If there’s one thing I’ve learned (the hard way), it’s that loving someone who can’t love you back is a futile pursuit destined to fail. Often in a crash-and-burn kind of way.
I’ve poured myself into more than one one-way relationship, only to find myself, at best, drained and frustrated and, at worst, ghosted or betrayed. I wish I were a faster learner, but over time I’ve become better at choosing where to put my energy and heart. I no longer accept the role of the one-way giver in a one-way relationship.
That’s why, lately, I’ve been checking in on one of my most long-standing relationships. I want to be sure we haven’t veered off our two-way street onto a wrong-way exit lane. This relationship, however, isn’t with a fellow human. It’s the relationship I have with my own lifestyle—the routines, habits, disciplines, and activities I surround myself with. It’s the way I spend my days. It’s the attitudes and beliefs I invite in to stay.
Are these things pulling their weight around here? Or are they dragging me down? Am I doing all the work? Or is my lifestyle giving back to me? Is it strengthening me and giving me the energy, hope, and perspective I need to face the day? Or is it leaving me drained and discouraged?
Here’s what I know.
With some relationships, I can choose to pull back or move on, when the warning bells go off. With this one, I can’t. One way or another, my lifestyle is sticking around, so we better work this out.
Second, this relationship will have a big effect on me, whether I choose to pay attention or not.
And third, in ways I’ve wished for in many human relationships along the way, I actually have the power to shape this one. I can create the lifestyle I want it to be. For all the times I’ve said, “If only that other person would (x, y, or z), this relationship would work,” and had zero control over the outcome, this is a situation where I actually can control both sides. I can create boundaries, assert my needs, AND make changes to meet them.
And, oh yeah, also I can’t blame anyone else if things go awry.
Where lifestyle lives
I think sometimes we just fall into our lifestyle. We let it happen around us, shaped by the people we do life with, the job we hold, the finances available. But what if we put a little more thought into it? What if we really evaluated which parts of our lives are building us up, and which are dragging us down? What if we really thought about the kind of people we want to be, what we want to contribute to this world, and how we can best achieve that? What if we had the courage to make some tweaks—for the sake of our selves?
In my first few years as a single mom, the kids and I lived in a townhouse that served as a cozy nest to rebuild our lives. It was tiny, tucked back, and private—a soothing place to regain our bearings. But there was no good place for my kids to run and play outside. It was miles from our closest friends. And it didn’t match my personal style in any way. I began to feel isolated and trapped. To say that the thought of selling my townhome, finding a new house, packing, packing, packing, and moving was overwhelming to me is an understatement. But, my desire to create the lifestyle I wanted for my family—one filled with friends and neighbors, one where my kids could roam freely and where I could create a beautiful space—provided the momentum I needed. That, plus a small army of friends and family.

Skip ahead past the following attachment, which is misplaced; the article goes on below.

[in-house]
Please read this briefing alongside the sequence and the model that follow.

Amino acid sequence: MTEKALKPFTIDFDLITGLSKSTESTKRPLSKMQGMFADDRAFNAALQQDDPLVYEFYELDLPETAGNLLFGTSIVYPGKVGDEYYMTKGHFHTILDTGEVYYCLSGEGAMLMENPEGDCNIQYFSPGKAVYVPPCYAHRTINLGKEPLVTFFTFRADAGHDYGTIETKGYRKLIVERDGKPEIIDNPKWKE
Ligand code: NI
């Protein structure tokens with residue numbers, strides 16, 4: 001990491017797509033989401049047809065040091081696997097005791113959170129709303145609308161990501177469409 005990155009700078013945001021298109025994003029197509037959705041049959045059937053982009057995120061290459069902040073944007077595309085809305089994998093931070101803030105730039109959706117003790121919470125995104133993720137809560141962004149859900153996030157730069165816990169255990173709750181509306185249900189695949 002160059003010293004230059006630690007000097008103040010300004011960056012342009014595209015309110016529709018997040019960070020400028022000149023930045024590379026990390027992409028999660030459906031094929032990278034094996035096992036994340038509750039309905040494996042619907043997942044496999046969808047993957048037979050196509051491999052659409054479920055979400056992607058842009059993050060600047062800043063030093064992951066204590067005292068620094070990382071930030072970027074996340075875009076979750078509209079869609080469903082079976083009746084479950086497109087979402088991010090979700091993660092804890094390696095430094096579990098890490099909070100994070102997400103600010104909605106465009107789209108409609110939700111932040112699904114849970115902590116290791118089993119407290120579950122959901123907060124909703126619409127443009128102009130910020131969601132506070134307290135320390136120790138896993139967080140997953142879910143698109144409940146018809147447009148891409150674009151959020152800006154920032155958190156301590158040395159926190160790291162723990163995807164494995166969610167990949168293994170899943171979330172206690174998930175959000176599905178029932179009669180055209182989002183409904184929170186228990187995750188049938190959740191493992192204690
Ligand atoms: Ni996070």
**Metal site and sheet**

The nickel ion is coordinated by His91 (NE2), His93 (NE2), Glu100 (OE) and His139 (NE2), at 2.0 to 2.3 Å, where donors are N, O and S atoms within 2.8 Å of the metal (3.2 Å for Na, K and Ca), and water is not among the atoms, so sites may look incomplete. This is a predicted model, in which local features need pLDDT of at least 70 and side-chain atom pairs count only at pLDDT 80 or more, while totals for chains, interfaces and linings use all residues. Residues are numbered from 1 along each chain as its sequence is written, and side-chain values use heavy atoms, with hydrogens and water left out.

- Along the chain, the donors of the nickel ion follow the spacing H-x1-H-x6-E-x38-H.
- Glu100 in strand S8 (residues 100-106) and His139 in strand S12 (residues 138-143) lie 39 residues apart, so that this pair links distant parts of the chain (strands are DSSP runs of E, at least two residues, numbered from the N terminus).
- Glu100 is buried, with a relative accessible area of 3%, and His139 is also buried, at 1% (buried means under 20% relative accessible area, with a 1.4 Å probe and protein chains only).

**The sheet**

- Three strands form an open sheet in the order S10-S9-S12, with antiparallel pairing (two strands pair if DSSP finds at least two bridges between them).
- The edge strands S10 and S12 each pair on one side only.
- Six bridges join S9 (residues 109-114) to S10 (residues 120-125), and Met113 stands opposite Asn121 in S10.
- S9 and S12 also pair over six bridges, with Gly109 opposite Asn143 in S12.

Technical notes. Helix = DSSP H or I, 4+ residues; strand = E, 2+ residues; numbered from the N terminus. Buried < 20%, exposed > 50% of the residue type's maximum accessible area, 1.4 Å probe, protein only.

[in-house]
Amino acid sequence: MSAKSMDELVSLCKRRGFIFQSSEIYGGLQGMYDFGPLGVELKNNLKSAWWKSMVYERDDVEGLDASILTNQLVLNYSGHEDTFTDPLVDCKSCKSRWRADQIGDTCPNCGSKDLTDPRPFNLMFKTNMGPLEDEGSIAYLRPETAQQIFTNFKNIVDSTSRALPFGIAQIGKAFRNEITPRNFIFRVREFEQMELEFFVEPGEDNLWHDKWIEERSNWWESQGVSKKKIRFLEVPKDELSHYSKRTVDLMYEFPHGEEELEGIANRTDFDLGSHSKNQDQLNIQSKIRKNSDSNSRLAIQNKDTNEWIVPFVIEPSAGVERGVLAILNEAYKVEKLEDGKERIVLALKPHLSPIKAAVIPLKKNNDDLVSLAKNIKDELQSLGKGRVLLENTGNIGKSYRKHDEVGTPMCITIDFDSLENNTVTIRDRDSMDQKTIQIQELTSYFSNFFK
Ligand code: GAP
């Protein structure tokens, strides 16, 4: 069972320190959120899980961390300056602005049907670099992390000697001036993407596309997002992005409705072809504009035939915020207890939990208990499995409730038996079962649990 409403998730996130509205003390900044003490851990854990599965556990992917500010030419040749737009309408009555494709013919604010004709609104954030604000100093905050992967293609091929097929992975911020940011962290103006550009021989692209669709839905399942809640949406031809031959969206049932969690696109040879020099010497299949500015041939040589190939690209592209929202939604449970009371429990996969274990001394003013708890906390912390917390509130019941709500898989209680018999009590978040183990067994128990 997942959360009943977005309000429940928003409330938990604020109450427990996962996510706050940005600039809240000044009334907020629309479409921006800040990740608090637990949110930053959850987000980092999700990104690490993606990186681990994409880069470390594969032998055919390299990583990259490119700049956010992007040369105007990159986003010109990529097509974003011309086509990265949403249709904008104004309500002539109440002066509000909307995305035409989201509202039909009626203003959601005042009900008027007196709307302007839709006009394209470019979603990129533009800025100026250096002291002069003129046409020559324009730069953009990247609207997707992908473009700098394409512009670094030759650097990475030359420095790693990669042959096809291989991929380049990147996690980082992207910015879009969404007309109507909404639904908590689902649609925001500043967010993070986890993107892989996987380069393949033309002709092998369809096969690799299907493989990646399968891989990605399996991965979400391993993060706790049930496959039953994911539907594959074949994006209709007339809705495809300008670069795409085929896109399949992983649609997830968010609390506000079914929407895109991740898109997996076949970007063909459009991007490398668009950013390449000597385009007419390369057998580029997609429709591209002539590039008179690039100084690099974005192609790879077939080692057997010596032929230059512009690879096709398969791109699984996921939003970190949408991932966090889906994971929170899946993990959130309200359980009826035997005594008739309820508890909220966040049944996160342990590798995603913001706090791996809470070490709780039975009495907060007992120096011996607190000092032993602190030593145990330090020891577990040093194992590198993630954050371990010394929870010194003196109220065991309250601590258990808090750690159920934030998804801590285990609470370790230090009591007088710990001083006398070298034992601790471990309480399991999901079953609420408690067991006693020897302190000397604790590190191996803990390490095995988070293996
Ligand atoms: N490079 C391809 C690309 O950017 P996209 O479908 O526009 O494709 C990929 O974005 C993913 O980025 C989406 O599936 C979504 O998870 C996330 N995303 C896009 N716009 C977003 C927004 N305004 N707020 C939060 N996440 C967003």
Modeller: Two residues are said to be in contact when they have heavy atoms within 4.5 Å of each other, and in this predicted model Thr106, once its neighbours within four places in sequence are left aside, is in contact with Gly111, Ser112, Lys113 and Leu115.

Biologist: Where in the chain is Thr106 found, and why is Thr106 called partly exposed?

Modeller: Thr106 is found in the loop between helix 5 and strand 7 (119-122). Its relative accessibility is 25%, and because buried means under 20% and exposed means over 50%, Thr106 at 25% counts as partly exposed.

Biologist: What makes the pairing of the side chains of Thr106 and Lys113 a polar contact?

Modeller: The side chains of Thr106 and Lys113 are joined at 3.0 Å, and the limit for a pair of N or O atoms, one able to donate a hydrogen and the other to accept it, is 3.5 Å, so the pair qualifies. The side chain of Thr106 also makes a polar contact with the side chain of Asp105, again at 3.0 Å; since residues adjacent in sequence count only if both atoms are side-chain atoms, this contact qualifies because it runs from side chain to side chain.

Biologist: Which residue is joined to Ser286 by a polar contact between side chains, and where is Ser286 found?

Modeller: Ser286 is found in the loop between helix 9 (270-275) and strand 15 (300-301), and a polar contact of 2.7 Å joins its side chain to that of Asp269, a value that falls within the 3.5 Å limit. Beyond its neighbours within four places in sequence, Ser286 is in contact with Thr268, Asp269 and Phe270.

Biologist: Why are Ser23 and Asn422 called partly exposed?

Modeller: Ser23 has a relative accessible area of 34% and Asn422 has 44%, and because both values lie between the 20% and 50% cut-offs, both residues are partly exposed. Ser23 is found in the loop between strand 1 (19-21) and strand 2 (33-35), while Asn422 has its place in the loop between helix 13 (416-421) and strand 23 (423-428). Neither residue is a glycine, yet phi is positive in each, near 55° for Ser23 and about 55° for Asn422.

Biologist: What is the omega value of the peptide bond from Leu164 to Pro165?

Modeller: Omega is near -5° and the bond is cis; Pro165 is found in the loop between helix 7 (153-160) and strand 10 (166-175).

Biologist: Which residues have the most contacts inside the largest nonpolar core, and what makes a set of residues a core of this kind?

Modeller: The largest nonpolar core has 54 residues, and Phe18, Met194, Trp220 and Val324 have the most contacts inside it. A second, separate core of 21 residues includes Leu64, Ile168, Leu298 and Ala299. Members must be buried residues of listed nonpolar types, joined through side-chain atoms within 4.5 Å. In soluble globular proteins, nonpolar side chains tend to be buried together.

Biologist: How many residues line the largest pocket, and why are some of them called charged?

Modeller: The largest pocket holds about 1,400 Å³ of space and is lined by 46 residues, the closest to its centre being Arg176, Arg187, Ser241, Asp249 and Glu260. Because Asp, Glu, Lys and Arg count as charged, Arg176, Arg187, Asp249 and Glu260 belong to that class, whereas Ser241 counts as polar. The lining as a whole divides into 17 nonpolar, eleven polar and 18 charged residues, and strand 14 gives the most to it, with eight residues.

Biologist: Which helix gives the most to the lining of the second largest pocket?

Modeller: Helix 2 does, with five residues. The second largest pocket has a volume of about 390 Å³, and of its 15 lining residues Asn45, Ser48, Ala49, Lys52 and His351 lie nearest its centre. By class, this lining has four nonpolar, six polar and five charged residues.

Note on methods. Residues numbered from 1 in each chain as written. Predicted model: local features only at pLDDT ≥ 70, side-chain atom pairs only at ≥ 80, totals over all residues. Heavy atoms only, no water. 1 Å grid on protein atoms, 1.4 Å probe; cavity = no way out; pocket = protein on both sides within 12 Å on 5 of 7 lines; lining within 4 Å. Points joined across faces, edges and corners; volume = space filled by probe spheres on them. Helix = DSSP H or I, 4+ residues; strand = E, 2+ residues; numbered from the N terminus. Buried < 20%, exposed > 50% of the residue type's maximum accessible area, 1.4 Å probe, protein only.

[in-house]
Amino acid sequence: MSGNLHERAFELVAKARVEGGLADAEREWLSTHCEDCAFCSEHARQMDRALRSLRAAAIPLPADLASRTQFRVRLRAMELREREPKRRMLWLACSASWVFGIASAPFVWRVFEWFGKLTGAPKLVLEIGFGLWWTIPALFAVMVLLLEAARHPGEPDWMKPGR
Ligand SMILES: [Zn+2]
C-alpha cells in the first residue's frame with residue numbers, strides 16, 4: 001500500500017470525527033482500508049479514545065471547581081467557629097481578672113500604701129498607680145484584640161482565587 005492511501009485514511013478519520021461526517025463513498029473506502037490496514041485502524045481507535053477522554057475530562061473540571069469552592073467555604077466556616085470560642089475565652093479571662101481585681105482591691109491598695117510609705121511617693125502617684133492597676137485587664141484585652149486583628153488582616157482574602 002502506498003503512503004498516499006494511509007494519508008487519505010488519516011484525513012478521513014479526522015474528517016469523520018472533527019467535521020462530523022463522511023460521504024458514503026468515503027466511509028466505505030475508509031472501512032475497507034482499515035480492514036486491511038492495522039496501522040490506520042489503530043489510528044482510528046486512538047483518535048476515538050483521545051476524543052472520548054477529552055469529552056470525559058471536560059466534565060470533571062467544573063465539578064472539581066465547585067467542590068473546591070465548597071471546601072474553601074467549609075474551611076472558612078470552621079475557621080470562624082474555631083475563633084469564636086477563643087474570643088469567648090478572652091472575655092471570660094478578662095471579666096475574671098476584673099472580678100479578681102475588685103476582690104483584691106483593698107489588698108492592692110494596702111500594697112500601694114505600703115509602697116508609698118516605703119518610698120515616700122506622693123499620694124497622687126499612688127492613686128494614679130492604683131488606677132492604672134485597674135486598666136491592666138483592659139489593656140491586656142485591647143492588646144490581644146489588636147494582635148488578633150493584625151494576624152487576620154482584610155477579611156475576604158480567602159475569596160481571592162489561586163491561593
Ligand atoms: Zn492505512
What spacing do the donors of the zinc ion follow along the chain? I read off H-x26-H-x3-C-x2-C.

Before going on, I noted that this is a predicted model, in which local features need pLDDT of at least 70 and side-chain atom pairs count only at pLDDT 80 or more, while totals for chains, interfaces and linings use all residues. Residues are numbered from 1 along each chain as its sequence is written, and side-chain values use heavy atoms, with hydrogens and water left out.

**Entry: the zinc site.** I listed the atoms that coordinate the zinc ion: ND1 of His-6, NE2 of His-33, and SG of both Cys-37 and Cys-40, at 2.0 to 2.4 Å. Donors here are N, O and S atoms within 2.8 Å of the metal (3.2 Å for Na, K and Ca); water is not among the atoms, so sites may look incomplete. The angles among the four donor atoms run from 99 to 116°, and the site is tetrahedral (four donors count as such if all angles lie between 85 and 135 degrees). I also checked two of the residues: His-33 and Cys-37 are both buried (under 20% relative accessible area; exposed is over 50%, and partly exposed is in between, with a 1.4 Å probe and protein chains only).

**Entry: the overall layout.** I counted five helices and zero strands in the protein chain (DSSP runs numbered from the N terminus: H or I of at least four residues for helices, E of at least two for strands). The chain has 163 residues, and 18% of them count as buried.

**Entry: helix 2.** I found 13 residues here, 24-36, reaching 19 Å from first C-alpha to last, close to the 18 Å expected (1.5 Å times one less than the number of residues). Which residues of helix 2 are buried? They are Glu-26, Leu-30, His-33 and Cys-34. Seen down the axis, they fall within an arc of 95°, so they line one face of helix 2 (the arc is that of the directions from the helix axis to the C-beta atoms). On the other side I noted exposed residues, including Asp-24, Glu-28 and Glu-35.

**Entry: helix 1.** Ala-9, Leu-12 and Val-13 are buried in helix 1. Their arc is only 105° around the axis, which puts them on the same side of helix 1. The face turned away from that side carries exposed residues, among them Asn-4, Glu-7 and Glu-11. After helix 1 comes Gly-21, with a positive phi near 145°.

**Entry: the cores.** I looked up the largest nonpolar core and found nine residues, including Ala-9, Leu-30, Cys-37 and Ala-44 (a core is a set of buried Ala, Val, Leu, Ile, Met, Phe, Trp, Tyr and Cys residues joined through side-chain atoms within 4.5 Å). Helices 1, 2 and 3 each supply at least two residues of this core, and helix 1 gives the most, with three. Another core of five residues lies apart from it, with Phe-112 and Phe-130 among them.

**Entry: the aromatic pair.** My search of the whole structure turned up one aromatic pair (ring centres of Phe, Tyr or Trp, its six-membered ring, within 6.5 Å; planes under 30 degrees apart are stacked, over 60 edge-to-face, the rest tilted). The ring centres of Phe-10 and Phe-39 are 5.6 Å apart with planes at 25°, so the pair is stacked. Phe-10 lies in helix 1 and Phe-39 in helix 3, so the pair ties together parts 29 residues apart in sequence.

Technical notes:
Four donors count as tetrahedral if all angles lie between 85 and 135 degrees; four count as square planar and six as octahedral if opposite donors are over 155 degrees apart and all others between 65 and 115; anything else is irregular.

Moving is one of the most radical ways to change a lifestyle. It provides a built-in opportunity to reset the way we live—everything from where we shop to how we spend our time. As my close friends and family have moved to Dubai, Germany, Chicago, L.A., or even just from the suburbs to the city (or the lake), I’ve watched their lifestyles change—and their lives, their energy levels, their hopes, their dreams, and their capacity for growth along with it.
But moving isn’t the only way to reshape your life.
Creating your lifestyle right where you are
For me, some parts of my lifestyle are so critical to my wellbeing that taking care of them comes as natural as breathing. In these areas, I don’t typically have to make many adjustments to feel in balance. You probably have your own areas like this. For me, some of the things that come easy are:
Call me hypersensitive, call me visually oriented, call me a snob, I don’t mind. All I know is I’m so directly affected by my environment I start to wither away if I’m in a space that’s drab, cold, and lit by fluorescent lights. (aka, the grocery store. And most office buildings.) By contrast, if I’m in a space that’s creative, warm, and beautifully lit, I come to life. I breathe easier, I focus better, and my creativity sparks. Honestly, that’s part of the reason I’m a work-at-home freelancer (and an Instacart grocery-delivery evangelist). For me, a critical part of my wellbeing is to surround myself with sights, sounds, and smells that spark life, and to drive the things that don’t spark life to the thrift store (where I usually end up buying more things that spark life—because rotating out my décor also sparks life).
None of this requires a concerted effort on my part. I do it because I can’t help it. But maybe you’re not like me. Maybe you haven’t taken a second look at your surroundings lately. If so, give it a try. I promise you your surroundings are affecting you—whether you realize it or not. So hygge up your winter. Cozy up your space. Brighten up your rooms. Buy yourself flowers. Light a candle. See what it does for your productivity—and your moods.